A month into Nigeria’s Twitter ban, fact-checkers aren’t seeing a feared drop off in the size of their audience, but are seeing restrictions on the reach of some of their content.
Kemi Busari, editor of the Nigerian fact-checking outlet Dubawa, said he was initially worried the Twitter ban would limit Dubawa’s impact by decreasing traffic to its website and fact checks. Of the big three social media platforms — Twitter, Facebook and Instagram — Dubawa has its largest following on Twitter.
“At editorial meetings we sometimes take statistics of the analytics, and sometimes Twitter was the largest source of readership for our website,” Busari said. “So I can imagine not putting out our tweets would do a lot of damage to the spread of false information on the platform.”
However, Dubawa’s audience engagement officer Lateef Sanni said traffic from Facebook has been able to pick up the slack.
“We still share our content on Facebook and other channels and are spending more on ads. We have also doubled our efforts on producing video fact checks as they are easily accessible,” Sanni said. He noted the ads on Facebook, in particular, have helped increase Dubawa’s audience to make up for the loss from Twitter.
Sanni said one of the biggest impacts for fact-checkers has been the limitations on Dubawa’s ability to interact with its audience on Twitter. He recounted his practice of dropping links to Dubawa’s fact checks on the Twitter threads spreading the original falsehoods, hoping to increase the fact check’s reach.
“I feel like if a number of people have seen a claim, that same number of people should be able to see the fact check that I’m sharing,” Sanni said. “I have not been able to do this, because currently we use HootSuite to tweet, and we can (only) tweet directly.”
The Nigerian government began blocking Twitter on June 4, citing what it called “the persistent use of the platform for activities that are capable of undermining Nigeria’s corporate existence.” The ban came two days after the platform deleted a tweet from Nigerian president Muhammadu Buhari’s that threatened violence against groups attacking government buildings in the country’s southeastern regions.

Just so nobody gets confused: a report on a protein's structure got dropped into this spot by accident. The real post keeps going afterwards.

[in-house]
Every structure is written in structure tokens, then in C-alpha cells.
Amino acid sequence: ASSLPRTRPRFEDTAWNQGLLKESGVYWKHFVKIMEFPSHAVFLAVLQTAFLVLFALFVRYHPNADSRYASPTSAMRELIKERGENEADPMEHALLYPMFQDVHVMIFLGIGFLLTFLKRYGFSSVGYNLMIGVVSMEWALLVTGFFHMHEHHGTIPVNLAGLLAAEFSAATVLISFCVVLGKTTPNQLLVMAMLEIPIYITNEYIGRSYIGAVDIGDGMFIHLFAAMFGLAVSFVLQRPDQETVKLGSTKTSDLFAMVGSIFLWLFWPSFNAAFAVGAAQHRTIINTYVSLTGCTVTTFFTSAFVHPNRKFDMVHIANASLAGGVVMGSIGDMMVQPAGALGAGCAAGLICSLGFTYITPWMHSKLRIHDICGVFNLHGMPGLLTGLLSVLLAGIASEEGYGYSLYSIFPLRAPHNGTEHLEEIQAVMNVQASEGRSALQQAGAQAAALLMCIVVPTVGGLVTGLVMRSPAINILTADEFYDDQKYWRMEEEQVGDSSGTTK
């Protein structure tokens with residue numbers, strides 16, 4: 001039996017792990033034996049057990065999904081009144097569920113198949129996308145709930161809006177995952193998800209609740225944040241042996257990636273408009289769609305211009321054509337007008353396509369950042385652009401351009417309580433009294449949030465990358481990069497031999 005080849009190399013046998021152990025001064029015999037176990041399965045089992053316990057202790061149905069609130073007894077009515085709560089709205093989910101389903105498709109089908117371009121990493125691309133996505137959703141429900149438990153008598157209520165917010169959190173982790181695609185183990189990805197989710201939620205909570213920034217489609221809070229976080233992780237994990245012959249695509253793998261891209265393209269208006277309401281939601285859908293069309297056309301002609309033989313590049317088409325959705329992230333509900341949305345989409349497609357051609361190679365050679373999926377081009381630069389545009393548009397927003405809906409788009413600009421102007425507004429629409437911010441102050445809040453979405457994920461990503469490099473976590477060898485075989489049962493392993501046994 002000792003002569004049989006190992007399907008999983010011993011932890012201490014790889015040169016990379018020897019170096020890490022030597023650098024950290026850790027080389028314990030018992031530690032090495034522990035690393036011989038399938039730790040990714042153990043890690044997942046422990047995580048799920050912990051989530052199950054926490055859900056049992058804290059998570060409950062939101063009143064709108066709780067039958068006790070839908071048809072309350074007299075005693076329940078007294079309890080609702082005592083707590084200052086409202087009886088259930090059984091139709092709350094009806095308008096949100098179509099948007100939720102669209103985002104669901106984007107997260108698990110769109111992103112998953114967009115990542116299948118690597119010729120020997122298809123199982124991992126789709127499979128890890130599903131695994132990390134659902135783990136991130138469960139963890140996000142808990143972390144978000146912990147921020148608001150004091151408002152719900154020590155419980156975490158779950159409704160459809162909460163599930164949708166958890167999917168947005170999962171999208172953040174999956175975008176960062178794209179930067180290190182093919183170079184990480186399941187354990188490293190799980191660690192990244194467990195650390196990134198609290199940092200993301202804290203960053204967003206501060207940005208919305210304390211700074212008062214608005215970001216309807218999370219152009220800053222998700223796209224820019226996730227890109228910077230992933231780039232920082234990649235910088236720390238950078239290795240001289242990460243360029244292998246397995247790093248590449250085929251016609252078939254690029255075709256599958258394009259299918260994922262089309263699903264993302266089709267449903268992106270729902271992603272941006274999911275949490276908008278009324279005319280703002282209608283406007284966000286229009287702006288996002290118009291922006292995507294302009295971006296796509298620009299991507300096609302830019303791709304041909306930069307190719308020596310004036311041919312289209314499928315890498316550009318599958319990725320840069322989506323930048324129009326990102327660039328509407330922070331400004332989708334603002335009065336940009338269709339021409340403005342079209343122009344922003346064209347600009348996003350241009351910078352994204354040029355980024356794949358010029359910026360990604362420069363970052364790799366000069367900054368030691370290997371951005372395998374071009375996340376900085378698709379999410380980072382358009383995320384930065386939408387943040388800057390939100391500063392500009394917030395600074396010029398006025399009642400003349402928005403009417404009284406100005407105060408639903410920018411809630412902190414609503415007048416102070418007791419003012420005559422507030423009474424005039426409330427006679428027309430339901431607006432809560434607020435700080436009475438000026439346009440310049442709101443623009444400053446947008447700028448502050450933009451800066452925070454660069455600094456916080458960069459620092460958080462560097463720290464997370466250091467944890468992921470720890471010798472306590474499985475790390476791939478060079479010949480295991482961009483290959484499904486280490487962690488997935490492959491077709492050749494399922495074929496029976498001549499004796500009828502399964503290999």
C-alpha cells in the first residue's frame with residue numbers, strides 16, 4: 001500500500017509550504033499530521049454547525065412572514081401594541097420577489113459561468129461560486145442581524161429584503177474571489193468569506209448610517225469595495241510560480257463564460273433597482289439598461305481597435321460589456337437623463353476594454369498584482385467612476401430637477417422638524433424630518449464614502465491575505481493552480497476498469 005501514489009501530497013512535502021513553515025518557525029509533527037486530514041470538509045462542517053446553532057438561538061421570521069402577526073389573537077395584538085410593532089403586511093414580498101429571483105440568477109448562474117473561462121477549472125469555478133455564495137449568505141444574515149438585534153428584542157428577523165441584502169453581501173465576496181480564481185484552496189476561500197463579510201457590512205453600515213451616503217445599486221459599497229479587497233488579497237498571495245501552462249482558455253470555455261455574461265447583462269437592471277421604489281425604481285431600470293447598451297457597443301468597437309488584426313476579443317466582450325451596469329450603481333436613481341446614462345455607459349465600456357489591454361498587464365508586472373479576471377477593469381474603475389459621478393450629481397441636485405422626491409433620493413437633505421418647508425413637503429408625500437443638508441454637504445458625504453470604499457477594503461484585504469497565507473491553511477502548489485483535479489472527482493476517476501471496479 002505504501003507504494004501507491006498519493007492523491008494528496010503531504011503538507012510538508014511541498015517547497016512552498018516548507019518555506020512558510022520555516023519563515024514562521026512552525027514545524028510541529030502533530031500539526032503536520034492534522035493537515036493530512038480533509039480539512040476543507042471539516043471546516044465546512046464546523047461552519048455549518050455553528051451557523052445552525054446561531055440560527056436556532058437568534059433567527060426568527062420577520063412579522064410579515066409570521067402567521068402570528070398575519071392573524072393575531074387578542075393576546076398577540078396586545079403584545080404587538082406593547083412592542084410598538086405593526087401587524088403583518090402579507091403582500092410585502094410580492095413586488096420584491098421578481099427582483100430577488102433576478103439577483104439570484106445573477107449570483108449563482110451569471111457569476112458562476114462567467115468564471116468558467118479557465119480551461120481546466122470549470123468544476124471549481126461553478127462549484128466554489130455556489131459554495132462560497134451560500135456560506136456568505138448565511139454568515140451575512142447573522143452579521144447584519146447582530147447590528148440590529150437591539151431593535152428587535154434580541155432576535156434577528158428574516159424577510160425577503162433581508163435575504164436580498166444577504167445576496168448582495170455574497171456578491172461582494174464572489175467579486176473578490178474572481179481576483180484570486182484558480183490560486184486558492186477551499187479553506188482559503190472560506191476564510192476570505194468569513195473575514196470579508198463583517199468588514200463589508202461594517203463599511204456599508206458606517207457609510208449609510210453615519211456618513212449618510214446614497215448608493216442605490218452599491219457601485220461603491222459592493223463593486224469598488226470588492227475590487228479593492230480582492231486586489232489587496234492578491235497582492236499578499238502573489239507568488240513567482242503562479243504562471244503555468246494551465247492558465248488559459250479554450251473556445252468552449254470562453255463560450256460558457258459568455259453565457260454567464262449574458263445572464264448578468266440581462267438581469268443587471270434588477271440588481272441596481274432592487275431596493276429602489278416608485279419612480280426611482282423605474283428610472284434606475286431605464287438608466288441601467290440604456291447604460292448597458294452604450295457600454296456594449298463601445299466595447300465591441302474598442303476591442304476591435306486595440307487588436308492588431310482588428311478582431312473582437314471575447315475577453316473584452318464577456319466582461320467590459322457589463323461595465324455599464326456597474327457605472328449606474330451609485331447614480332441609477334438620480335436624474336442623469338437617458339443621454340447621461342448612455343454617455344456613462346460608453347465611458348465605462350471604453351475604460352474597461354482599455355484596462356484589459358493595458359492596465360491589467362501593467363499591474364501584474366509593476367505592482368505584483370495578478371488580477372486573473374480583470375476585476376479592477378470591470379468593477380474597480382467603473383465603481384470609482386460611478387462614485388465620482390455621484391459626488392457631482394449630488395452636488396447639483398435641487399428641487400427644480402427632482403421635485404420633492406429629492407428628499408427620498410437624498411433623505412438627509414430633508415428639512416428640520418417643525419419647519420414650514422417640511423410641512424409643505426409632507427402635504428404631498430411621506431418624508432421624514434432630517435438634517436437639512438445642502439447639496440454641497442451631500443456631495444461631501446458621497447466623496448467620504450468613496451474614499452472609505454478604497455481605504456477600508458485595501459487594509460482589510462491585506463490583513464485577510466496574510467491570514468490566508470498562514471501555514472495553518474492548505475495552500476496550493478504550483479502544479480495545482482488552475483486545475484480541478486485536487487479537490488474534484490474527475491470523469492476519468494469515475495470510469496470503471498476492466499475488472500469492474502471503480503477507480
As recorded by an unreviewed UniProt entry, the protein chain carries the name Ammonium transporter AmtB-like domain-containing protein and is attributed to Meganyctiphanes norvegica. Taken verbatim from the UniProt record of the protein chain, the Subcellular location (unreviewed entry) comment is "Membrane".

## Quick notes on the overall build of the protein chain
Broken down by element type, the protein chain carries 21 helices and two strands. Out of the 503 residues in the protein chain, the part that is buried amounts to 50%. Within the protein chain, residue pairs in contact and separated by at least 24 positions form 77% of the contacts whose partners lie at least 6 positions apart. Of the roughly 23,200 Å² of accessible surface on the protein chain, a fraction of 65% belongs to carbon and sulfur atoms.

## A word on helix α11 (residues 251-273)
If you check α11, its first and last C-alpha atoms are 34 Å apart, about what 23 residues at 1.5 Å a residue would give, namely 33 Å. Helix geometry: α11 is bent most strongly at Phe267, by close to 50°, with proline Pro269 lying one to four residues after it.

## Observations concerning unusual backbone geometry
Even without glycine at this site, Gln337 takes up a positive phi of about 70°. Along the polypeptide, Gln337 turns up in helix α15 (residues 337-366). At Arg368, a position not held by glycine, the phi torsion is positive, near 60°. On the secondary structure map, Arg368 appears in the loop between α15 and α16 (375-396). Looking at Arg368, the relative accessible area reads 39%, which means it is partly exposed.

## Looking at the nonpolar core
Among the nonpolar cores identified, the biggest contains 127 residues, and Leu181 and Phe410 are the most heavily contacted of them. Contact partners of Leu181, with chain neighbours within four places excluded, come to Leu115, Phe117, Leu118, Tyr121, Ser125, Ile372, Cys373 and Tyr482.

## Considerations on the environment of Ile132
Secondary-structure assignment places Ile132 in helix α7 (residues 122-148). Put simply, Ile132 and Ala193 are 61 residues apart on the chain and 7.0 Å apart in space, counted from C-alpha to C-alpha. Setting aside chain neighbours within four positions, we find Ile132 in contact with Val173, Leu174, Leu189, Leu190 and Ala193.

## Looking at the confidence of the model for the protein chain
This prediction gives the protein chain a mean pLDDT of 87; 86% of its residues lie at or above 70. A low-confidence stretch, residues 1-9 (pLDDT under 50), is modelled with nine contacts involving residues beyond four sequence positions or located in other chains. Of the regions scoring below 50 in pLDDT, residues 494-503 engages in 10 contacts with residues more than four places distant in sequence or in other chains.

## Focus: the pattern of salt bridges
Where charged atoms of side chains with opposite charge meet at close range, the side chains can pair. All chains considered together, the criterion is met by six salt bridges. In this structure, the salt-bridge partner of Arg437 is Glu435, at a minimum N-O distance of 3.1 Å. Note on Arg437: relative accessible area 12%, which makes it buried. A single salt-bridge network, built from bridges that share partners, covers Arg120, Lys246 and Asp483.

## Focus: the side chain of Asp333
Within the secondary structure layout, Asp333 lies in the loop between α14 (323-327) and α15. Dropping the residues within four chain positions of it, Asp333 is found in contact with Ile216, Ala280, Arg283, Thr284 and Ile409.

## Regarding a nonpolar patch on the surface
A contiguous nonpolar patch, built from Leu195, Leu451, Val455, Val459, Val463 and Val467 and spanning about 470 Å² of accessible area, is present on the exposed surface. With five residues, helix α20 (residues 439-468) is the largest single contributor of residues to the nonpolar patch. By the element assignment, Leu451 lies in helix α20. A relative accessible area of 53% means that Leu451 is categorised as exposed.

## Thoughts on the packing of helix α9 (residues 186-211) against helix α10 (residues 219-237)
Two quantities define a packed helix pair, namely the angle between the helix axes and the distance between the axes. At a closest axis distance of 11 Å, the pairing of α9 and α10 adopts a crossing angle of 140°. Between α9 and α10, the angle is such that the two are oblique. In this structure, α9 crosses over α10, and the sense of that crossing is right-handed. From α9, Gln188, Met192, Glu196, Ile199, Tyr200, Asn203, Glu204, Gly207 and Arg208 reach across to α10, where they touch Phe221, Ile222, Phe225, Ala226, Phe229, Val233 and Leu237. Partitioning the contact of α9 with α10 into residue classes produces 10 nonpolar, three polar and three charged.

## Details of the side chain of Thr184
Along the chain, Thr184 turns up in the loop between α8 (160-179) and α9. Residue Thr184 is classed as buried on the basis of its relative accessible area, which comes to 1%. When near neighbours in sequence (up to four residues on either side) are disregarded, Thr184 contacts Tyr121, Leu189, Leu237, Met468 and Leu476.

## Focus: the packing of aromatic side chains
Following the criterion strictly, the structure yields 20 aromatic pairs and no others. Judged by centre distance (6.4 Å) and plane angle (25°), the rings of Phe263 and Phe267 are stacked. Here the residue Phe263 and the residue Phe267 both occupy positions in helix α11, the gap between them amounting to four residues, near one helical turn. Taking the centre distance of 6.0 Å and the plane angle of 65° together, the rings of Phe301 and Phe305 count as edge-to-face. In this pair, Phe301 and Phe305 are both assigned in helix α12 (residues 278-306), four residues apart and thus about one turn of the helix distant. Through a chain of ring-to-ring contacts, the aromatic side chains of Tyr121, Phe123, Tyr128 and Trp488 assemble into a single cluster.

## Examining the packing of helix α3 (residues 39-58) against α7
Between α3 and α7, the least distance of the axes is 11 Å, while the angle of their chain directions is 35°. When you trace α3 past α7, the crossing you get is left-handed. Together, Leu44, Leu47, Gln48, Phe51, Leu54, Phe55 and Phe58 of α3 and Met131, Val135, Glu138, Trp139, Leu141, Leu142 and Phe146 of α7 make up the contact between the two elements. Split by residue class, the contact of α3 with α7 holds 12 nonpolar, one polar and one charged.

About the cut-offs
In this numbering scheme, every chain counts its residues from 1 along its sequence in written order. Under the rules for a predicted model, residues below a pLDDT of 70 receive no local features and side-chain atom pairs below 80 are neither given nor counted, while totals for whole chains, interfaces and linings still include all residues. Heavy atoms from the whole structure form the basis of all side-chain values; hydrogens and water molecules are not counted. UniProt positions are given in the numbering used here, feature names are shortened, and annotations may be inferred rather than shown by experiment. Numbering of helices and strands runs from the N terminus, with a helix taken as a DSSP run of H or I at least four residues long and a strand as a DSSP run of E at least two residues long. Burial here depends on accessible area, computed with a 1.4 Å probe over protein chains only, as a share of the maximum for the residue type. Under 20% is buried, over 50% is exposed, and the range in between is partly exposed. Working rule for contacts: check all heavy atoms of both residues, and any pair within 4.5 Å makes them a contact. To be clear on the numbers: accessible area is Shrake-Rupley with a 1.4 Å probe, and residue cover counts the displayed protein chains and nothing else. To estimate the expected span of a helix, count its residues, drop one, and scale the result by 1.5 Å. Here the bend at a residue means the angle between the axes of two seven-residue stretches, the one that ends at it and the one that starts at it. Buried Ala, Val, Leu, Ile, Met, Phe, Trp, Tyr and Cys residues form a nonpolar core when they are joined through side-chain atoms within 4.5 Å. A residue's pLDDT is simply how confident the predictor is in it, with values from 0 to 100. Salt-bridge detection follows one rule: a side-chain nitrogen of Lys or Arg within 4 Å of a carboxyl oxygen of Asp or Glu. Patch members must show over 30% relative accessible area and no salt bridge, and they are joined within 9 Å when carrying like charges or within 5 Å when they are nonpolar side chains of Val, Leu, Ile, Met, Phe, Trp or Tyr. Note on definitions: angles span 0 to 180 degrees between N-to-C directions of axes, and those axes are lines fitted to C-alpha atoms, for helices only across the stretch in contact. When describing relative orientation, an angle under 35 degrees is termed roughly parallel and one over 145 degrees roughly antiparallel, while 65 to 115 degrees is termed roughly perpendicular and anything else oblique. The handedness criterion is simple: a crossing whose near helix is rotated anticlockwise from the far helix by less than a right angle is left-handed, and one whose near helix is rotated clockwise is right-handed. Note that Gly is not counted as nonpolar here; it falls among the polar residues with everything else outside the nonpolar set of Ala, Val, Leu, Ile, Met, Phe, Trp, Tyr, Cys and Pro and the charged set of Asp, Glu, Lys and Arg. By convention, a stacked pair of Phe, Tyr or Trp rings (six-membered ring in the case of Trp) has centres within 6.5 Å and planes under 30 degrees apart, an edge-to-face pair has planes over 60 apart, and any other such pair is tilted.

Busari noted that Twitter has been a major source of breaking news for Nigerians as well as a potent way to affect political change in the country.
“If something breaks in Nigeria now, you will see it on Twitter before it even gets to some mainstream media,” Busari said.
The Nigerian government has viewed the platform as more of a nuisance, blaming it for spreading harmful misinformation leading to offline violence.
The platform played a major role in the October 2020 #EndSARS protest that called for the disbanding of a controversial police unit tied to cases of targeted harassment, excessive force and extortion of Nigerians. The government announced on Oct. 11 it would disband the unit in response to the protest, but the protests continued for several days and culminated in the Nigerian army gunning down some protesters at the Lekki toll gate.
“One of the allusions the government is making is that the #EndSARS protest and a couple of other hijacked protests where some government properties were destroyed, that it was the access to Twitter allowed for that to manifest,” Busari said. “I think those could be said to be the initial reasons (for the ban), and then the immediate reason is the deletion of the president’s tweet.”
Dubawa moved early on to help Nigerians get back on Twitter by using a virtual private network, or VPN. This technology enables users to hide their location, making it easier to circumvent blocks preventing Nigerian internet users from accessing Twitter. Sanni said these articles were major sources of traffic for Dubawa but that engagement on the platform has dropped over fears the government would prosecute those still using Twitter.
“To the best of my knowledge, no one has been prosecuted and Nigerians are still on Twitter, although we can’t deny the decline in users,” Sanni said.